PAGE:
facebook.com/amyybur
Joined 3890 days ago

778 posts - 885 votes 
Speaks: English*
Studies: Italian, Modern Hebrew, Russian, Arabic (Written), Romanian, Icelandic, Georgian

 
 Message 277 of 758
09 June 2012 at 6:22am | IP Logged 
Expugnator wrote:
Sometimes you write a word to be translated and you get only "The" or
"I" as the English translation.

Sometimes when that happens you can put a period or some other punctuation after the word
and it gives you a translation. Maybe try that. :)
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Murdoc
Triglot
Senior Member
Georgia
Joined 3886 days ago

113 posts - 208 votes 
Speaks: Georgian*, English, Russian

 
 Message 278 of 758
10 June 2012 at 7:02pm | IP Logged 
Quote:
მე უნდა ბეჯითად სწავლა!


მე ბეჯითად უნდა ვისწავლო.

Quote:
წესით უნდა მქონდეს
I had it just now.


This is just wrong. It means "I should have it", literally - "I should have it by rule".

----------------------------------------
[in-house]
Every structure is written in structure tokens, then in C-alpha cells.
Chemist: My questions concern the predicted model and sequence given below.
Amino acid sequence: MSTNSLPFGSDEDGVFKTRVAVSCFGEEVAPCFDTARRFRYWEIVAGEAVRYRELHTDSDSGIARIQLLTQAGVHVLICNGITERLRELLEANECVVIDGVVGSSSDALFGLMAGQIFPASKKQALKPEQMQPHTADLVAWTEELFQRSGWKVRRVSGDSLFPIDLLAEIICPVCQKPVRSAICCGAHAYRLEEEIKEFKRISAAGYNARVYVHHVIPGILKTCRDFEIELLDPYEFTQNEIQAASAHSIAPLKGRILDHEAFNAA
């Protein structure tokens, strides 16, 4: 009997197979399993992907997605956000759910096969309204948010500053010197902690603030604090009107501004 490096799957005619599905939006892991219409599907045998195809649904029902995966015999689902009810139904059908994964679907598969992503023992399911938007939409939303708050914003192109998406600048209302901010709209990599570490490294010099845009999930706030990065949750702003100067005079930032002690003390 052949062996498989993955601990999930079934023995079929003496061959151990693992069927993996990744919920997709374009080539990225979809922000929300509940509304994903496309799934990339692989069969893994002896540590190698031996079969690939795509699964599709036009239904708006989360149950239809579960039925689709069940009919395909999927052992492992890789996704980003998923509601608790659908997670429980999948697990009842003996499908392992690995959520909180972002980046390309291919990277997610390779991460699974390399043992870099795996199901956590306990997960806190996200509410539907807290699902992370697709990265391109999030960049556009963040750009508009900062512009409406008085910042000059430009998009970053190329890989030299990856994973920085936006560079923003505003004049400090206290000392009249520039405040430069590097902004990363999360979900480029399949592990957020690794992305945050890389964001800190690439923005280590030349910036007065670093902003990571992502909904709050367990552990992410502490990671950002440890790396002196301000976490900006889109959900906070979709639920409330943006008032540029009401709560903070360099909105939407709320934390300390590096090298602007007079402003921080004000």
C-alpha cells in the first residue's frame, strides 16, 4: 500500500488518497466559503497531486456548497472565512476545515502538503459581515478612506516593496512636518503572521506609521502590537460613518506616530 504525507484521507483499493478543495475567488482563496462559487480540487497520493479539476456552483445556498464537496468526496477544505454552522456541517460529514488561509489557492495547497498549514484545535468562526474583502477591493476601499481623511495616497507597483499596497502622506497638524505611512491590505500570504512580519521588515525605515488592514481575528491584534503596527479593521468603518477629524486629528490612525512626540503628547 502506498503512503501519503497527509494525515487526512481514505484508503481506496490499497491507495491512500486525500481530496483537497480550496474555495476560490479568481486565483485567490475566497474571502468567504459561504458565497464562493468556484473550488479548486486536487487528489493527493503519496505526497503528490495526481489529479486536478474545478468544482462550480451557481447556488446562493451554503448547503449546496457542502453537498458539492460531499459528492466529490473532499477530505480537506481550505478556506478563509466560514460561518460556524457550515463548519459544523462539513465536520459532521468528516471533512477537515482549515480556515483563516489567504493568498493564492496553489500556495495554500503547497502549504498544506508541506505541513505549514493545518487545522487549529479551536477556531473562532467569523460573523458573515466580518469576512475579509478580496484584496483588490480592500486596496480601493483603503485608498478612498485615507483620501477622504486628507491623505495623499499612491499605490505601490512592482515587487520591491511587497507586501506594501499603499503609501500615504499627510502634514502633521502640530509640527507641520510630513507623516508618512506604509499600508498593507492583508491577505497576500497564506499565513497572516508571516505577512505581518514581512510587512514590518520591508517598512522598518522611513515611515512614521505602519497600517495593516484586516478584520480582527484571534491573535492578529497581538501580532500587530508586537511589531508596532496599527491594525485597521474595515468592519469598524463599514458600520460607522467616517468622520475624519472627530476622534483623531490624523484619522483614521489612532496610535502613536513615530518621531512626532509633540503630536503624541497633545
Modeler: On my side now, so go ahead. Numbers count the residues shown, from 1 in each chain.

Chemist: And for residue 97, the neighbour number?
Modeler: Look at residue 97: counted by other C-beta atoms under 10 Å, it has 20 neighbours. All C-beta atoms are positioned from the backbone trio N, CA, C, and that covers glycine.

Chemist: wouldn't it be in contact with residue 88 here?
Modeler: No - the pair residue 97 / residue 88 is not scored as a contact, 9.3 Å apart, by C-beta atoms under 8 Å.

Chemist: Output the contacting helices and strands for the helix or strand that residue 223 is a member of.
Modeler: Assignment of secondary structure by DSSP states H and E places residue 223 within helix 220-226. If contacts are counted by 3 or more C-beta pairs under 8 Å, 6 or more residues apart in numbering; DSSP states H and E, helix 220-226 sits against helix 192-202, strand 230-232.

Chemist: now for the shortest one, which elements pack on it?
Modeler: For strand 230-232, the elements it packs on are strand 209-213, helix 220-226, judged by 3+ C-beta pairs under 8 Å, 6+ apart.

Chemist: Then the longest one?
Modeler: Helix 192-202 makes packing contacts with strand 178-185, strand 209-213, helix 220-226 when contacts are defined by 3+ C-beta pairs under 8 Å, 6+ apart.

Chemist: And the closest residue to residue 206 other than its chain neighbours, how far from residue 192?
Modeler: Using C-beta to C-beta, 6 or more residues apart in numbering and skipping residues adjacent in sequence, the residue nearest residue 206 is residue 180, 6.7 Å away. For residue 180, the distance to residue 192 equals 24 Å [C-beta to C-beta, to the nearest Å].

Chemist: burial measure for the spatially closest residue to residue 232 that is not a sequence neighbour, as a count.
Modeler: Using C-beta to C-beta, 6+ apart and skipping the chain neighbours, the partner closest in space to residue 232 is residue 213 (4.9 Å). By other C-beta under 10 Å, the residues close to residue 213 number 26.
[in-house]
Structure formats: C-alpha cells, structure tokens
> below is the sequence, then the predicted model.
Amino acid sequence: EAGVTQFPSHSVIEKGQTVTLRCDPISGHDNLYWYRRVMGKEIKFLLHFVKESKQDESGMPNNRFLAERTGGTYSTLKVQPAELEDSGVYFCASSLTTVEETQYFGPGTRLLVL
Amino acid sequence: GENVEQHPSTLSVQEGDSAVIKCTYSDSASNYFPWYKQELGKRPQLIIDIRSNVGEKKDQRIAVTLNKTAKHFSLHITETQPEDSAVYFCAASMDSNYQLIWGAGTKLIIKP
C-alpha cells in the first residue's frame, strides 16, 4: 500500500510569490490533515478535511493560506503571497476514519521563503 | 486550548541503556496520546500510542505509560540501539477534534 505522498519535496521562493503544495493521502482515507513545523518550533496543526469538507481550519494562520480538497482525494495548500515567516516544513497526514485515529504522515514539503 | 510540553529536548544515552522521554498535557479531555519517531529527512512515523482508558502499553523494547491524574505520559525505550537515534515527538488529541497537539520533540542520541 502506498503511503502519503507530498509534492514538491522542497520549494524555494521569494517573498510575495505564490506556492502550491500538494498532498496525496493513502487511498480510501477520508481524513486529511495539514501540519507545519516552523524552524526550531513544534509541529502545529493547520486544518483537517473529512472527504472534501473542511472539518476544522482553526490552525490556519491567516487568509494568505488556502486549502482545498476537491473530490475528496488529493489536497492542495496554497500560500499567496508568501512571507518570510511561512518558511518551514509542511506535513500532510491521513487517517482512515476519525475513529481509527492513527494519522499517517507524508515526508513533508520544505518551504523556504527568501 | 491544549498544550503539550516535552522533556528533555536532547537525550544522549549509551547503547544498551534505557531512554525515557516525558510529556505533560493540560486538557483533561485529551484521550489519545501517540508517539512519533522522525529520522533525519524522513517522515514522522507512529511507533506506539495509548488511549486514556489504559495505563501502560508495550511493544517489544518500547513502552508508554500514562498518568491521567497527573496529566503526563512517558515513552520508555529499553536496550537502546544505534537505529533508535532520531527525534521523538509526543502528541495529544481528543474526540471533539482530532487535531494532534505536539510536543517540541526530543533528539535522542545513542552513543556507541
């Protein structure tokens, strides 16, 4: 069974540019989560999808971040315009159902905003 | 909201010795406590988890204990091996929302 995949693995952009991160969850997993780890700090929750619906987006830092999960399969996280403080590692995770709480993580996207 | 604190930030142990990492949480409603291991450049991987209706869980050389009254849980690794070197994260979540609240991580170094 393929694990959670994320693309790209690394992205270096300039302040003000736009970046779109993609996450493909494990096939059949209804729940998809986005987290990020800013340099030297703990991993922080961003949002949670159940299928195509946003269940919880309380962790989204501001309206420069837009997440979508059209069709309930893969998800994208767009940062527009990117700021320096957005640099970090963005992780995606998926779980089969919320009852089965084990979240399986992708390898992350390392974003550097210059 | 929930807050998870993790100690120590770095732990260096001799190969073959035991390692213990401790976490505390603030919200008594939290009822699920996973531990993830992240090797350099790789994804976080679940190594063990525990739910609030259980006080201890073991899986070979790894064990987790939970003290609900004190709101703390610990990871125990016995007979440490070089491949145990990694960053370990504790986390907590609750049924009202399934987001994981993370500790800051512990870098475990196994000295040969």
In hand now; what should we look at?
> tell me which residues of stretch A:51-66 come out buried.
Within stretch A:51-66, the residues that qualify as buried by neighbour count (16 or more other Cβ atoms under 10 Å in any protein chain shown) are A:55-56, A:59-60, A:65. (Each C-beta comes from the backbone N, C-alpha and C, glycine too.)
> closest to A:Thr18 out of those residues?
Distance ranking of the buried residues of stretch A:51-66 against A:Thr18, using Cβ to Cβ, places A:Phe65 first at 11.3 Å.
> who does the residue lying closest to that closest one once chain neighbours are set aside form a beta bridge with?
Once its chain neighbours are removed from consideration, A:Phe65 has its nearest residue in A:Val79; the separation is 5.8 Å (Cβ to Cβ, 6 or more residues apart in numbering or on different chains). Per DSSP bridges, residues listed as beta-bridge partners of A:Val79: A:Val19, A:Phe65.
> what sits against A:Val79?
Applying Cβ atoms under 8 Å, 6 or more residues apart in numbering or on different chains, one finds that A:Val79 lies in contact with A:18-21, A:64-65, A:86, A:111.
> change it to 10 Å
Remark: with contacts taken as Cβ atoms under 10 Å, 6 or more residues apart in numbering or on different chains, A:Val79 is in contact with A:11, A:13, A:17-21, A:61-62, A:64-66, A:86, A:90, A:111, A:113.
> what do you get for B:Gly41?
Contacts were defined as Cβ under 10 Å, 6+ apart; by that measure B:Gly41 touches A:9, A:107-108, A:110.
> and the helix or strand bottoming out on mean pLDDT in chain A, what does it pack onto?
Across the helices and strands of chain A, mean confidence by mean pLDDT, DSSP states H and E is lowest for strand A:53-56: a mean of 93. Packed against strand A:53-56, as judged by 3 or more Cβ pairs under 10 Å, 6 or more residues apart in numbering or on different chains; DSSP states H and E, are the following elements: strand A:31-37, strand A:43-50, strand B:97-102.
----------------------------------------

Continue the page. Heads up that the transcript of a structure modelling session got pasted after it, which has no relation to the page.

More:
---

As for -თა, zecchino1991 you're right, it's just not used in informal speech but can be used otherwise.
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Expugnator
Hexaglot
Senior Member
Brazil
Joined 3798 days ago

3335 posts - 4349 votes 
Speaks: Portuguese*, Norwegian, French, English, Italian, Papiamento
Studies: Mandarin, Georgian, Russian

 
 Message 279 of 758
11 June 2012 at 10:34pm | IP Logged 
I just finished lesson 25 from Lehrbuch and the texts only get longer. It is tiresome to type in Georgian, then try to figure out the meaning, then sometimes refer to the German translation and retranslate it into English, but it's worth it because I'm slowly becoming familiarised with Georgian past tense forms, sentence structures in storytelling and some adverbs.